Tack­ling the heroin epi­demic as one

Record Observer - - News - By DENAE SPIERING dspier­ing@ches­pub.com

WYE MILLS — “To­gether we are stronger” was the sen­ti­ment of the sixth an­nual Life­span Con­fer­ence Thurs­day, April 27, at Ch­e­sa­peake Col­lege.

This year’s con­fer­ence fo­cused on the opi­oid and heroin epi­demic, and aimed to ed­u­cate providers and help them net­work with one an­other bet­ter to com­bat the prob­lem.

The con­fer­ence was hosted by Mid-Shore Be­hav­ioral Health of Easton, which part­nered with Delaware-based Dover Be­hav­ioral Health Sys­tem and the Rock­ford Cen­ter.

“There is such an in­creas­ing need in our state,” MidShore Be­hav­ioral Health Ex­ec­u­tive Direc­tor Holly Ire­land said.

There are new things and in­for­ma­tion de­vel­op­ing ev­ery day in this realm, and it makes it hard to keep up the pace — a theme Ire­land said could con­tinue for the next five or six years.

She said the num­ber of over­doses and over­dose deaths is ris­ing and it needs to go in the op­po­site di­rec­tion.

“We are not fac­ing this alone,” Ire­land said. “We are all fac­ing this to­gether.”

Through­out the day, pre­sen­ters from dif­fer­ent agen­cies dis­cussed the heroin and opi­oid epi­demic, and how to bet­ter ad­dress the cri­sis that is crip­pling lo­cal com­mu­ni­ties. Ev­ery as­pect of this is­sue was rep­re­sented ei­ther in the au­di­ence or at the podium.

Speak­ers in­cluded rep­re­sen­ta­tives from the Tal­bot County Health Depart­ment, ad­dic­tions pro­grams, Healthy Fam­i­lies, so­cial ser­vices, Shore Be­hav­ioral Health, the Univer­sity of Mary­land Shore Re­gional Health, Tr­ish Todd from the Mary­land Coali­tion of Fam­i­lies, Sam Bier­man and Ch­eryl Ca­plan-Zalis of Mary­land Ad­dic­tion Re­cov­ery Cen­ter in Tow­son, Capt. James Henning of the Caro­line County Sher­iff’s Of­fice, Ran­dall But­ler of Pri­or­ity Part­ners, Dr. Anil Meesala with Dover Be­hav­ioral Health Sys­tem, Se­nior Tal­bot County Cir­cuit Court Judge Broughton Earnest and Se­nior Caro­line County Cir­cuit Court Judge Karen Jensen.

Each pre­sen­ter wel­comed ques­tions from the room, and at times, they all en­gaged in open di­a­cus­sion.

Ire­land said this con­fer­ence was de­signed to in­crease aware­ness in the be­hav­ioral health field and to help peo­ple un­der­stand the very as­pect of the sys­tems that are re­lated to and con­nected to the sub­stance use treat­ment process.

“The treat­ment is not just on the in­di­vid­ual,” Ire­land said. “But it’s got to be all of us.”

Jen­son spoke about the im­por­tance of work­ing to­gether and how team­work helps to fa­cil­i­tate the as­pects of the drug court pro­gram.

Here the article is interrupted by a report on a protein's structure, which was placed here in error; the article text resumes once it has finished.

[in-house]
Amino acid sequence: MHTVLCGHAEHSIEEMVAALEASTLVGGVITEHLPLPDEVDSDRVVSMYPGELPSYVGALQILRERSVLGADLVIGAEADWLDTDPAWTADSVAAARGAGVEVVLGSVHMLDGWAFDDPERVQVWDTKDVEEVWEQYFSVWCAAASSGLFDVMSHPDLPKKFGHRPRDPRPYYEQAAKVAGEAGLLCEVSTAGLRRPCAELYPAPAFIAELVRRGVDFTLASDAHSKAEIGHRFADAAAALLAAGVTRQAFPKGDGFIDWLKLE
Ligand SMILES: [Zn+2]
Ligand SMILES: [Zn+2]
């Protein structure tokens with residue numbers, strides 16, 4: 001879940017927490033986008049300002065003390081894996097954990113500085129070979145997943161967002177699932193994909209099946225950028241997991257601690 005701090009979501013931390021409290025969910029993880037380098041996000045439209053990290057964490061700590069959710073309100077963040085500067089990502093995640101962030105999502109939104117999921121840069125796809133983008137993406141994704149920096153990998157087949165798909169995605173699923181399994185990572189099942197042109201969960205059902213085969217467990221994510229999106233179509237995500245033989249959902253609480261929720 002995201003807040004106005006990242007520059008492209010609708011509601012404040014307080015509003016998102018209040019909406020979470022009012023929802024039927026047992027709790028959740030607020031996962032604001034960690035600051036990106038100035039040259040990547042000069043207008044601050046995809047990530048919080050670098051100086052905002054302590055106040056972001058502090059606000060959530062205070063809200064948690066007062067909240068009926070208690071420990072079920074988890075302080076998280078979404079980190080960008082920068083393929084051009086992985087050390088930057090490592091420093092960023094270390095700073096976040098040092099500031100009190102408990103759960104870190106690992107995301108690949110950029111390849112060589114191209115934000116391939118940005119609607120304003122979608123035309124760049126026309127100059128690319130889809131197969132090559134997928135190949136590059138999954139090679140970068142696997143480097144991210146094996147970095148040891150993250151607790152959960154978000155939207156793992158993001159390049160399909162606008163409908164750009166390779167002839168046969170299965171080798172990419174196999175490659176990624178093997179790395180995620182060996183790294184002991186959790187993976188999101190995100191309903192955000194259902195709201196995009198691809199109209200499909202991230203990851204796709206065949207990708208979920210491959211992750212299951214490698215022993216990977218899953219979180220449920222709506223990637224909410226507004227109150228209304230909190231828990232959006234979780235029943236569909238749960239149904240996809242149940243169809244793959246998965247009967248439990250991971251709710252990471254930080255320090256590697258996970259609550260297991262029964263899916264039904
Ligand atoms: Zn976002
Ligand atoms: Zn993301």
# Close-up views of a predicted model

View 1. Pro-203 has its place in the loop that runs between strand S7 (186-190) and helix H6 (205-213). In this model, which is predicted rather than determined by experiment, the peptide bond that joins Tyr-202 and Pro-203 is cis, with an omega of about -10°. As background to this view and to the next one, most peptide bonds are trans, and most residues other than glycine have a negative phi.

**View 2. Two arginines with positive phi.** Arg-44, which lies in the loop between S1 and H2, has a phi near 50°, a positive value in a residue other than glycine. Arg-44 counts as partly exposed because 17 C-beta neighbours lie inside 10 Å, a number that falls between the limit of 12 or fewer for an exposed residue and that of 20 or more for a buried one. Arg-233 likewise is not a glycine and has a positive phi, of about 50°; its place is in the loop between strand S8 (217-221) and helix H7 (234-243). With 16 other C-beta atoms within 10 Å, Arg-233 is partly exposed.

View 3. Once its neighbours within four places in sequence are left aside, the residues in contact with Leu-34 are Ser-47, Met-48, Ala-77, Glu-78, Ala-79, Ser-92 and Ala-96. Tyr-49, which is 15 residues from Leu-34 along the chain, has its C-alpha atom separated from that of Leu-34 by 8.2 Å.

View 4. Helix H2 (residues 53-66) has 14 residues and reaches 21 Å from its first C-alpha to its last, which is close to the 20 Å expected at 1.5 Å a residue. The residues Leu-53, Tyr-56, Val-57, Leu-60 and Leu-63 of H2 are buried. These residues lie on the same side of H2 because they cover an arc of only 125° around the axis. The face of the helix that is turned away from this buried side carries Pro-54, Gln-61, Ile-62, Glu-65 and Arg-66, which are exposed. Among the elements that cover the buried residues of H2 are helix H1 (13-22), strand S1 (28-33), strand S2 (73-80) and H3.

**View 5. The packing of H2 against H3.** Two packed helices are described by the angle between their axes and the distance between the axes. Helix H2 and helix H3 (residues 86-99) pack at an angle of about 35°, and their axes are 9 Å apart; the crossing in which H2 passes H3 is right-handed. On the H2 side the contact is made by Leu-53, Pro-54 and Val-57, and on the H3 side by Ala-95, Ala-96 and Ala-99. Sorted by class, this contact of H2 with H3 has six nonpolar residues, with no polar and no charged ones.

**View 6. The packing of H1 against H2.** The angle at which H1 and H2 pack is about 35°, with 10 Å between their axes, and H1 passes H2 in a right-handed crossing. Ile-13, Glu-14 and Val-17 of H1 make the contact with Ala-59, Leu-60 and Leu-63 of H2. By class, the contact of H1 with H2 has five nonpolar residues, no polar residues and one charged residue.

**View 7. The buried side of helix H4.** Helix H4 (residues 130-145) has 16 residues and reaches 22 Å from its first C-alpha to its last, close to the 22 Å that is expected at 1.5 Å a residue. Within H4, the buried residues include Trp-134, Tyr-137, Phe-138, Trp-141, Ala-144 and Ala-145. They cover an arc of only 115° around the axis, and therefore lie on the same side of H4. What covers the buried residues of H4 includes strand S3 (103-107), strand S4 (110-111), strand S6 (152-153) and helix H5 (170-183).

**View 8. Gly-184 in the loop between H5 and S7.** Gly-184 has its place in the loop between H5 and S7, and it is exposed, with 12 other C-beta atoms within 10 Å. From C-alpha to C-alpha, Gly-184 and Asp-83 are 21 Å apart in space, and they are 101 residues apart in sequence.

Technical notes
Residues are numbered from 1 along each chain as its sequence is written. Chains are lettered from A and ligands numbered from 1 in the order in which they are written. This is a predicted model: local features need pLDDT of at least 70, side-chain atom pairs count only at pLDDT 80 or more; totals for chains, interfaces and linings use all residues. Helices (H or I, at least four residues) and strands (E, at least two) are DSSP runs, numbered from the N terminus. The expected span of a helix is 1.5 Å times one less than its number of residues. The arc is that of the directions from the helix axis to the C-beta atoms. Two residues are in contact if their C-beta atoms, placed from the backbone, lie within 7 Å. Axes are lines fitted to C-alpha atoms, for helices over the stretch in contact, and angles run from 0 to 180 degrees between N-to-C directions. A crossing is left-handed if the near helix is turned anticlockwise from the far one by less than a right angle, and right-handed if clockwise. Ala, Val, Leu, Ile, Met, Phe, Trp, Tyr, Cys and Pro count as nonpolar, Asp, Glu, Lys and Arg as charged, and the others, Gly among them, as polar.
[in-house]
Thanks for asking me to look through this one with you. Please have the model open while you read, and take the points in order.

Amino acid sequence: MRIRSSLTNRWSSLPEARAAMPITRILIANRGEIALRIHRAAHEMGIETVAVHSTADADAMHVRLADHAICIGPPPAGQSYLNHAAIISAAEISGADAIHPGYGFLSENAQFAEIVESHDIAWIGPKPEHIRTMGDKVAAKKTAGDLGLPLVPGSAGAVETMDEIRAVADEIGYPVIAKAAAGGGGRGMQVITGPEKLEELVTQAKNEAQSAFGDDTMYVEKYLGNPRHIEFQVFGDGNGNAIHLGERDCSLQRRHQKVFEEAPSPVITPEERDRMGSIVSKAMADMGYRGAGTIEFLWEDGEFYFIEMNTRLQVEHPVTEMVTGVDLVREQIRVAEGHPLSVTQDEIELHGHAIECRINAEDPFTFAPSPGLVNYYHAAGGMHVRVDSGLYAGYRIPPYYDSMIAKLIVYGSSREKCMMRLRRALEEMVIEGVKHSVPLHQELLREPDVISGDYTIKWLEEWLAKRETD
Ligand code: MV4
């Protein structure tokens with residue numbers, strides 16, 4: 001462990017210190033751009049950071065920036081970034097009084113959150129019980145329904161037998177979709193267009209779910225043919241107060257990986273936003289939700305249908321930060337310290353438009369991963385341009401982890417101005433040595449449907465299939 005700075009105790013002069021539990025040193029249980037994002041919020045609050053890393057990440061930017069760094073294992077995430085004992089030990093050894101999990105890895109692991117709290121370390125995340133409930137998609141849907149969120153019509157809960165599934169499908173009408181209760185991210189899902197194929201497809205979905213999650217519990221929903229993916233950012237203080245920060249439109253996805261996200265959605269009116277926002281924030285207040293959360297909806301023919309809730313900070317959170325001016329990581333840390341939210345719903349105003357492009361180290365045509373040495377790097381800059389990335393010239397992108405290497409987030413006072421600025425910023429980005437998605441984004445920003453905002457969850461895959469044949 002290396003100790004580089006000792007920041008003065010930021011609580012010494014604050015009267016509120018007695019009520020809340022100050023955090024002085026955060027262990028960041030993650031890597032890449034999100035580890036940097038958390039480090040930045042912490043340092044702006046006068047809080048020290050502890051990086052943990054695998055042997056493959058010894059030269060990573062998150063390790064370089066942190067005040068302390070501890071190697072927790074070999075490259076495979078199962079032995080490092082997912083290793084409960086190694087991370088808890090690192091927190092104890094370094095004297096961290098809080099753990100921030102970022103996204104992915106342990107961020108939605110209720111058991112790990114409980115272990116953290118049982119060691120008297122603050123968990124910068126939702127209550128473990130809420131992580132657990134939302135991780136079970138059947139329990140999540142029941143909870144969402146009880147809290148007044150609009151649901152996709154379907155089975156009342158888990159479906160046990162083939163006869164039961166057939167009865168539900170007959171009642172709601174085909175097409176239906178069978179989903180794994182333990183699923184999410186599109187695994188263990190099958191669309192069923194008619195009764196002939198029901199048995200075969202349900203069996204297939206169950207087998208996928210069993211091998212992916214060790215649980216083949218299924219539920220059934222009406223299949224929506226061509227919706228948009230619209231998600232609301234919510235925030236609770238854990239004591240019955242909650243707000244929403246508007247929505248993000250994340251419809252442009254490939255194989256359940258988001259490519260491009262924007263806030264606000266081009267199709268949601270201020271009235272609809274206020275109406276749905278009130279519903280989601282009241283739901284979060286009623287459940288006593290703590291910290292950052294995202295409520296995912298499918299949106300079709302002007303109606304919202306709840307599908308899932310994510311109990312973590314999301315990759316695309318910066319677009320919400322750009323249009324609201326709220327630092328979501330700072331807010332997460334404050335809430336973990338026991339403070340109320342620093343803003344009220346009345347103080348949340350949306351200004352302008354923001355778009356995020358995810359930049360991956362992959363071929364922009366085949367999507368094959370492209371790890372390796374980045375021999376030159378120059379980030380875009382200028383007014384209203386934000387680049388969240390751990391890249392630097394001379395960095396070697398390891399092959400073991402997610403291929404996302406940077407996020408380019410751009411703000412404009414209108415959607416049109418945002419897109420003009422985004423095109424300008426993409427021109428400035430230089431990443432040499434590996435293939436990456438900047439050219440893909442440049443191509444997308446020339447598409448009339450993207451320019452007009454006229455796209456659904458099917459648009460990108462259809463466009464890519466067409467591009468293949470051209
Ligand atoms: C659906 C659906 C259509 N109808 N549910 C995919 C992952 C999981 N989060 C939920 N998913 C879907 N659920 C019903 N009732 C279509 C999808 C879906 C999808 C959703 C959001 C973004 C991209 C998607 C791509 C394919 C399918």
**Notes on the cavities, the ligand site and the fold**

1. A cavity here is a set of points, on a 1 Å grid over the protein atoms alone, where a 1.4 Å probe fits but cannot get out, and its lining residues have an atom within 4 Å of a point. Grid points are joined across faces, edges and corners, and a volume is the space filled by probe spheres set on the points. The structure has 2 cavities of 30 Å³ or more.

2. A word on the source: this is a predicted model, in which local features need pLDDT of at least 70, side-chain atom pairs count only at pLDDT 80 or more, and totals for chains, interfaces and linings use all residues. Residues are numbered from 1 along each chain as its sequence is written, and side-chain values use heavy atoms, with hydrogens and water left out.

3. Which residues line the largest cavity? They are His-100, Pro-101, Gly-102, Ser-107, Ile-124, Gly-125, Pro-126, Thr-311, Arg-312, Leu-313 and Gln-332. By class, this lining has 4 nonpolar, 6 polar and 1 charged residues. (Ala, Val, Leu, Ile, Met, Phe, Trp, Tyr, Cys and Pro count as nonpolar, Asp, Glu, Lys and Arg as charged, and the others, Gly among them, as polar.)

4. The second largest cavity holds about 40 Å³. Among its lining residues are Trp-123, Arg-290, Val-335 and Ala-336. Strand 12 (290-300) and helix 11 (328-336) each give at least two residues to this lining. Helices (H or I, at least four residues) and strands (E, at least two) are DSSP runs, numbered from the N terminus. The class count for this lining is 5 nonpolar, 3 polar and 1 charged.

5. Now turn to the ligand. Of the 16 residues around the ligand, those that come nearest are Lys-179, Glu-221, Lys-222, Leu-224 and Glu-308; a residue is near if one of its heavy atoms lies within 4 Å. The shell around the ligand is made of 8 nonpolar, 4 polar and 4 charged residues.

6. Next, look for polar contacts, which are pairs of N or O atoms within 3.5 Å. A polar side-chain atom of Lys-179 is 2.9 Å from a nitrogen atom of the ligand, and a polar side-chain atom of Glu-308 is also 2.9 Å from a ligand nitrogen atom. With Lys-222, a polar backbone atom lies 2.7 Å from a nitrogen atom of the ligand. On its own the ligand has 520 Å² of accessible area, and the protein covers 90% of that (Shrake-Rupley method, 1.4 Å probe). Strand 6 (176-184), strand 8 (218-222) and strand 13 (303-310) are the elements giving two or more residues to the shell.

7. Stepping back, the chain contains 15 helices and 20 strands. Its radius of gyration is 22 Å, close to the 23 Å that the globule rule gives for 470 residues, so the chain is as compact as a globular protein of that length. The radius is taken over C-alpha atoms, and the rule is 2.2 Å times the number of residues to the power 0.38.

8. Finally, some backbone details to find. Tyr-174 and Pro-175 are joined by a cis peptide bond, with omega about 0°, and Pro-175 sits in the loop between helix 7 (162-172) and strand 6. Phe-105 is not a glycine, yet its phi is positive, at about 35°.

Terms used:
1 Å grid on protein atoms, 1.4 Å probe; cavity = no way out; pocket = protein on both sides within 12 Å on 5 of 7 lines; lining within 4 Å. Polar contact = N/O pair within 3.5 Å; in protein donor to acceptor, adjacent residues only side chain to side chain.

Jen­son and Earnest talked about the ben­e­fits of drug court and re­cidi­vism rates for ad­dicts.

“It’s a team ap­proach,” Jen­son said “Judges, co­or­di­na­tors, state’s at­tor­neys, pub­lic de­fend­ers, treat­ment, pro­ba­tion and law en­force­ment.”

“We are all work­ing to­gether to ac­com­plish the same goals,” she said. “In or­der to achieve those goals, we have to work to­gether and col­lab­o­rate.”

Va­lerie Al­bee founder of Mariah’s Mis­sion at­tended the con­fer­ence and said she is in the process of help­ing three fam­i­lies. She said when peo­ple are in that type of sit­u­a­tion, they need to know where to go.

“The more in­for­ma­tion you have, the bet­ter,” Al­bee said.

“There is still so much work out there to do, and if we can come to­gether and work to­gether, it’s in­cred­i­bly ben­e­fi­cial,” Al­bee said. “There are so many great agen­cies here. The net­work­ing is great.”

Lee New­comb of Tal­bot County So­cial Ser­vices came to the con­fer­ence to gain more knowl­edge on the topic and to make those im­por­tant con­nec­tions with other agen­cies.

“I have a lot of knowl­edge al­ready be­cause I am a so­cial worker,” New­comb said. “But I have fur­thered my knowl­edge to­day. There are al­ways new things com­ing.”

Capt. James Henning of the Caro­line County Sher­iff’s Of­fice was one of the last pre­sen­ters of the day. He ex­plained how in­di­vid­u­als went from pre­scrip­tion drugs to heroin and why.

He said from 2012 to 2013, there was a na­tion­wide crack­down on providers for over-pre­scrib­ing opi­oid med­i­ca­tions.

“It cre­ated a vac­uum,” he said. “Heroin stepped in to fill that void.”

Henning showed the group statis­tics on over­doses and deaths. He dis­cussed the ben­e­fits of nalox­one, which re­verses the ef­fects of an over­dose, and the im­por­tance of be­ing trained on how to use it.

“There is more to this than just law en­force­ment,” Henning said. “I am glad to be a part of this be­cause ev­ery­one in this room has a part in this, a role to play.”

Henning said ev­ery­one in law en­force­ment is work­ing to­gether to tackle this is­sue.

“Ev­ery county on the MidShore has a heroin re­sponse plan,” he said. “All the MidShore sher­iffs have a lo­cal re­sponse plan for their staff, in­clud­ing our beat cop, de­tec­tives, task force, and it all comes to­gether.”

But Henning said they can­not do it alone.

“Law en­force­ment is just one — we can’t ar­rest the heroin away,” he said. “Ev­ery­one has to come to the ta­ble to fig­ure out how to do this.”

“We didn’t get here overnight, and we can’t fix it overnight, but we will fix it,” he said.


On Thurs­day, April 27, Mid-Shore Be­hav­ioral Health of Easton held its sixth an­nual Life­span Con­fer­ence. This year’s topic was sub­stance abuse, par­tic­u­larly heroin. Groups from the be­hav­ioral health field, law en­force­ment, ju­di­ciary, so­cial work­ers and health pro­fes­sion­als gath­ered for a day of learn­ing and net­work­ing in an ef­fort to com­bat the epi­demic. Pic­tured: Tal­bot County Judge Broughton Earnest dis­cusses the ben­e­fits of the drug court pro­gram, ver­sus a jail sen­tence.

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